Flying spider – Thekla's Wondrous Journey
Thekla opens her parachute, faces into the wind and is propelled away. Thekla is not some kind of extreme athlete though; she is a spider. Who would have thought that this little arachnid could “fly”? This phenomenon is nicely referred to as “ballooning”, as the wind shapes Thekla's delicate silk threads into a balloon and she takes off. South Korean Moonsung Cho is doing his doctorate at TU Berlin’s Institute of Biology. In his doctoral thesis, he examines which factors determine flight.
“Only a light wind is required to carry some species to heights of up to 4500 meters and for distances of several hundred kilometers.”
The spider's abdomen contains what are known as spinnerets with several hundred spigots. Each spigot ejects a silk thread no more than 320 nanometers thick. This process can scarcely be perceived by the human eye in real time. Perhaps this explains why this phenomenon is underexplored?
Moonsung Cho plans to change this. He is doing his doctorate at the Institute of Biology under Professor Dr. Peter Neubauer, head of the Chair of Bioprocess Engineering, and Professor emeritus Ingo Rechenberg. “Currently there are only a few studies which have researched the behavior of flying spiders,” he says. “The phenomenon is particularly common among young spiders. Some species suddenly fire threads into the air and only a light wind is required to carry them to heights of up to 4500 meters and for distances of several hundred kilometers.”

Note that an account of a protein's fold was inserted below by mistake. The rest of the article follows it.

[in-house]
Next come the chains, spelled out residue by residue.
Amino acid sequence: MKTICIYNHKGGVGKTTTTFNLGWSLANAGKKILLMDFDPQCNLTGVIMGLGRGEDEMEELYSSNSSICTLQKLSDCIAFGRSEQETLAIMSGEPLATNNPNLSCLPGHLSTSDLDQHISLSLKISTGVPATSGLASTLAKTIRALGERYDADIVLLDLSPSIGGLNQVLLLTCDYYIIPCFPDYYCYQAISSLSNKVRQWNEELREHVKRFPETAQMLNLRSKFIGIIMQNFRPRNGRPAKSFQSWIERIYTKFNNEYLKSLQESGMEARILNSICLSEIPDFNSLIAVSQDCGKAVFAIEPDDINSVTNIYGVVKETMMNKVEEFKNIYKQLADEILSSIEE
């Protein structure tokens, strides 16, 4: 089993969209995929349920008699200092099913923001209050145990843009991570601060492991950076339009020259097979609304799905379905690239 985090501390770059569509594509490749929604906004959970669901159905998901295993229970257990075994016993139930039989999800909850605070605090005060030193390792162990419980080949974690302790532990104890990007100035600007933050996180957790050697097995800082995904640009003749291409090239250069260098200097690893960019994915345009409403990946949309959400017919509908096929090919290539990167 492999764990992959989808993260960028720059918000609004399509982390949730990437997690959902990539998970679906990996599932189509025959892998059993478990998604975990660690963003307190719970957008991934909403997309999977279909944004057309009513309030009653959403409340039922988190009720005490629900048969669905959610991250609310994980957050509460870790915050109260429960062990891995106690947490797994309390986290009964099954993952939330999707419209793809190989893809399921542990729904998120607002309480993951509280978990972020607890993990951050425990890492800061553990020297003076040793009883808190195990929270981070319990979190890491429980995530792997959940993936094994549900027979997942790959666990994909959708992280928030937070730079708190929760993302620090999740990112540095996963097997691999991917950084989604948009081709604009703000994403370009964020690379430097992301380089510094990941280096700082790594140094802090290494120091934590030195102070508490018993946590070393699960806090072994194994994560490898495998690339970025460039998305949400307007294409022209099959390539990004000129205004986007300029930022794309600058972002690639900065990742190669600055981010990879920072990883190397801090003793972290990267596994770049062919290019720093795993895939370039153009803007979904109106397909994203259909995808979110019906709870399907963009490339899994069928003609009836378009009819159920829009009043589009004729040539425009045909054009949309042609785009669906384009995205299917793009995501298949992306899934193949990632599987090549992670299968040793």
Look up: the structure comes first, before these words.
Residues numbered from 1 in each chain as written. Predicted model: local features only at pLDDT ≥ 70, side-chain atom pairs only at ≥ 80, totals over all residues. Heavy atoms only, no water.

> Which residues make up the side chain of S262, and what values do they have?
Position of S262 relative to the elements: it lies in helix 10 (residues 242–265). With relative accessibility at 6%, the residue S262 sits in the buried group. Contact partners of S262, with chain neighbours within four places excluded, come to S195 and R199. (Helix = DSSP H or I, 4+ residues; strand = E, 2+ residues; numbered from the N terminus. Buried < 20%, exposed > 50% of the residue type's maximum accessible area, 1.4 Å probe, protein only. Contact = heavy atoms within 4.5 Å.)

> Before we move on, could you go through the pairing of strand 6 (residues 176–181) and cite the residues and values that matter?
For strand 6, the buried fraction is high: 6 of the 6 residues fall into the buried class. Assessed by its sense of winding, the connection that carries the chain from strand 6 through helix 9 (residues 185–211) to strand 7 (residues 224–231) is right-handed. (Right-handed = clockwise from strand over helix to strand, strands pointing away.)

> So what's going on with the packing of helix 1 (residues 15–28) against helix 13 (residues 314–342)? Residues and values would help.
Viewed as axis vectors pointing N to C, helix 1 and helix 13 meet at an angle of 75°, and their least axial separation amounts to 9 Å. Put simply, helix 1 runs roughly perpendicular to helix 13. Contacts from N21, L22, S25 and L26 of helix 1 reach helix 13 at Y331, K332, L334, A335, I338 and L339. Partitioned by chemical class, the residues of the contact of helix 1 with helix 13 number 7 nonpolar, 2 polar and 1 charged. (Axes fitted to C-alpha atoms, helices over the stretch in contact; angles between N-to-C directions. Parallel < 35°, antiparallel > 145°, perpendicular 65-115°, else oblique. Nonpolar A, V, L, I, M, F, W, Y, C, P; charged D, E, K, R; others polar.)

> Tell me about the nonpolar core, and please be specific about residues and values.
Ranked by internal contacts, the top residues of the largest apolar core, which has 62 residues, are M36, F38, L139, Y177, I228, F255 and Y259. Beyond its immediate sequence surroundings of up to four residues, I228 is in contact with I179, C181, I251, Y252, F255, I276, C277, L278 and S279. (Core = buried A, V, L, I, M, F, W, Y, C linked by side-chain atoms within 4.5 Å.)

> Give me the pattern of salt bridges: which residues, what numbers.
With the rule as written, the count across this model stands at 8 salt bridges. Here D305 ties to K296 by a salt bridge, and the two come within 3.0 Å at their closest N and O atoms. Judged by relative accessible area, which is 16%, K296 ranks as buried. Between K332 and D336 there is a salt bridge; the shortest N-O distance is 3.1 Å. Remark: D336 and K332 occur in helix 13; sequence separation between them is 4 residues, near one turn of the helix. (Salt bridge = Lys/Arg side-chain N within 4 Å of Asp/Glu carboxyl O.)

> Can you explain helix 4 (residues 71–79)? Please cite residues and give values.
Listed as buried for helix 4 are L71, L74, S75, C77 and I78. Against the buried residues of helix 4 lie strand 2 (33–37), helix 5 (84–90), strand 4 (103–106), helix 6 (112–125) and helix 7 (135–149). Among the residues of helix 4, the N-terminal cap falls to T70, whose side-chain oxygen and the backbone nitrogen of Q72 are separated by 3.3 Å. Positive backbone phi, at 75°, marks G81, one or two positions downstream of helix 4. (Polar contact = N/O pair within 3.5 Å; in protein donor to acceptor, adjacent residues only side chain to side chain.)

“In my doctoral thesis I am examining which factors determine flight.”
“Ballooning” plays an important role in the propagation of species of spiders. “In my doctoral thesis I am examining which factors determine flight. I am focusing particularly on gossamers.” It is pure coincidence that spiders came to play the leading role in his doctoral thesis. “I made a video of spiders when I was taking a stroll on the Fliegeberg (The Fliegeberg is a hill serving as a monument to Otto Lilienthal's early efforts at flight.) in the Berlin district of Lichterfelde and observed that the spiders not only flew different distances, but also actually prepared themselves for flight,” Moonsung Cho explains. “Directly before taking off, they stretched out one of their legs in order to test the wind speeds. I was fascinated by this at once.”
“Young spiders require only a couple of threads to get airborne, while larger spiders require between 50 and 60.”
This fascination is fully understandable given that flight behavior is Cho's area of expertise. Before coming to Berlin, 39-year-old Cho studied fluid mechanics. In order to examine the behavior of the flying spider, he placed 14 crab spiders on a small raised platform on the Fliegeberg and observed these passive aviators in their natural environment.
He then conducted the experiment in a laboratory, simulating different kinds of winds. One of the facts he discovered was that the spiders only take off when the wind speed is under three meters per second. He also observed that turbulent wind currents improved the spiders’ ability to float in the air. Of particular interest to note is that young spiders require only a couple of threads to get airborne, while larger spiders require between 50 and 60.
Cho still has some tests to conduct to complete his doctoral thesis. He is, however, already thinking about the possible wider application of his discoveries. “It may be possible to examine whether passive flying structures inspired by the phenomenon of thread gliding (Fadensegelflug) can be used to explore dangerous weather conditions such as tornadoes or clear-air turbulence. These are just considerations for now,” Moonsung Cho concludes.
Test pilot Thekla is doing well, by the way. She and the other spiders were released back into nature after the laboratory experiments were concluded.
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